Being an Early Adopter: What Does it Mean for Ecommerce?
In today’s world, ecommerce boils down to nothing more than a web-based shopping portal that is designed for various screen sizes. This is primarily due to consumer-driven behavior that is increasingly adopting smartphones, tablets, and of course still desktops. But in the future, let’s say virtual reality, augmented reality, and voice assistants move from emerging entertainment to mass consumer adoption, can ecommerce remain the same? Of course not. But this also doesn’t mean that brands will quickly jump onto the bandwagon either as life-altering technology follows an adoption curve before fully being integrated into our lives.
While it’s great to think of a world where we can sit at home, use the last bit of milk, and never have to lift a finger to reorder it as AI, machine learning, and drones takeover, technology typically follows an adoption curve that takes quite some time. That also means that while some brands may be bold and experimentative, the majority will be reactionary and see how things play out before making an investment. Hype is a dangerous thing when you’re running a business. Unfortunately, we marketers love to use buzzwords, which in turn hyper-inflate specific technology, software, and techniques, and this can become a huge distraction.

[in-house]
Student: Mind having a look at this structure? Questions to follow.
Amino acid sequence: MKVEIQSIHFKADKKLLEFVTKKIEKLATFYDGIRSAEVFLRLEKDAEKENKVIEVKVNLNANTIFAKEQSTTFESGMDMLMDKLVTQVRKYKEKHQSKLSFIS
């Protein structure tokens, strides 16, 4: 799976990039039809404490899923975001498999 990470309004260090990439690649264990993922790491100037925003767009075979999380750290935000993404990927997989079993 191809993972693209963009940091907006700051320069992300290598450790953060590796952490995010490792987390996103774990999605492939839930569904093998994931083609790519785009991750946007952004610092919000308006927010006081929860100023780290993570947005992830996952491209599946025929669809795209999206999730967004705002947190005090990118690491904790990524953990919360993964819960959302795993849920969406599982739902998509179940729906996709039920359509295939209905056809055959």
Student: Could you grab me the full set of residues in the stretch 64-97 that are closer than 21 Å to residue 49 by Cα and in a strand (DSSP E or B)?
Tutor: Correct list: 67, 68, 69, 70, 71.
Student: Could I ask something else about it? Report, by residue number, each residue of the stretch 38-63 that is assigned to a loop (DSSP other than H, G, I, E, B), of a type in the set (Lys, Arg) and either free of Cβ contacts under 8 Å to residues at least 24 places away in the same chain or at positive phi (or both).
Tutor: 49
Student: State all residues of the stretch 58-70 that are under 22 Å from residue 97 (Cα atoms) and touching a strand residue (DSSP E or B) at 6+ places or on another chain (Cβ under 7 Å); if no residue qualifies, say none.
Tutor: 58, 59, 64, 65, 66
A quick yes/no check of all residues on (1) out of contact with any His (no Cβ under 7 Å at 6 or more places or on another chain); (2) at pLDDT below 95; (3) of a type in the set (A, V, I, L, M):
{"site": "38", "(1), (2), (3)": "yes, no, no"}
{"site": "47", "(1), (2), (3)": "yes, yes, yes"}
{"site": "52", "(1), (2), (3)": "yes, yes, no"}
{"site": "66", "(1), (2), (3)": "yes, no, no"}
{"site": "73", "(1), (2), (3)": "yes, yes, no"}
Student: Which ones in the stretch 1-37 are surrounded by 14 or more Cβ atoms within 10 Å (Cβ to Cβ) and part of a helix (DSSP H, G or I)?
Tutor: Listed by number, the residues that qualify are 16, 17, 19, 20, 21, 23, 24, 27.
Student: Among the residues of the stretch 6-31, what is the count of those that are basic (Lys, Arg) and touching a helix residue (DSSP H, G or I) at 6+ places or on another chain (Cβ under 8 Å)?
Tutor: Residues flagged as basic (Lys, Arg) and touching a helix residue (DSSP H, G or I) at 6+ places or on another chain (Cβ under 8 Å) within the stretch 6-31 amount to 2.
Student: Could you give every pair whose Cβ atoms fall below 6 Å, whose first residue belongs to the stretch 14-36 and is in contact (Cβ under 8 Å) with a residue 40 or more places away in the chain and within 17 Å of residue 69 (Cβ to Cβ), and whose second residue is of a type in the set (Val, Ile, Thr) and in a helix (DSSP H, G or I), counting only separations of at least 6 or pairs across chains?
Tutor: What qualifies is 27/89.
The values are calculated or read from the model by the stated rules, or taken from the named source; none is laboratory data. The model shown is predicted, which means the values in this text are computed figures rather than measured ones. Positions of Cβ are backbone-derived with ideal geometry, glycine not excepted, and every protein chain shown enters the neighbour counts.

Over the next 20 years, we’re going to see a massive shift in how we interact with, purchase, and receive goods. This begs the question: what does all of this mean for brands? Let’s break it down by technology adoption and software adoption.
New technology doesn’t just happen, it takes a gradual acceptance from the majority of consumers first. The technology adoption curve is a relatively well known and established model that allows businesses to gauge not only how risky it is to implement something new, but also how long it may take to see a return on investment.
Based on the model above, if a brand were to develop a cutting edge solution for virtual reality, they’d still be focusing on the innovators and early adopters. In turn, this would be both a risky play and setting themselves up for a poor ROI because most consumers do not have access to the technology that is required of it. So does it make sense to create a VR offering for Walmart today? Probably not. However, that would not prevent a retailer from creating in-person experiences that allow people to try it out, which could temporarily increase foot-traffic due to its novelty.
As with all novelty though, these types of experiences have a shorter life span and therefore it’s a challenge to project their successfulness. Take Snapchat (Snap) Spectacles. In an effort to truly become a camera company they launched sunglasses with an integrated camera in them so that video can be easily added to Snapchat. They banked on the technology hard, fell short, and their IPO likely saw some negative impact as a result.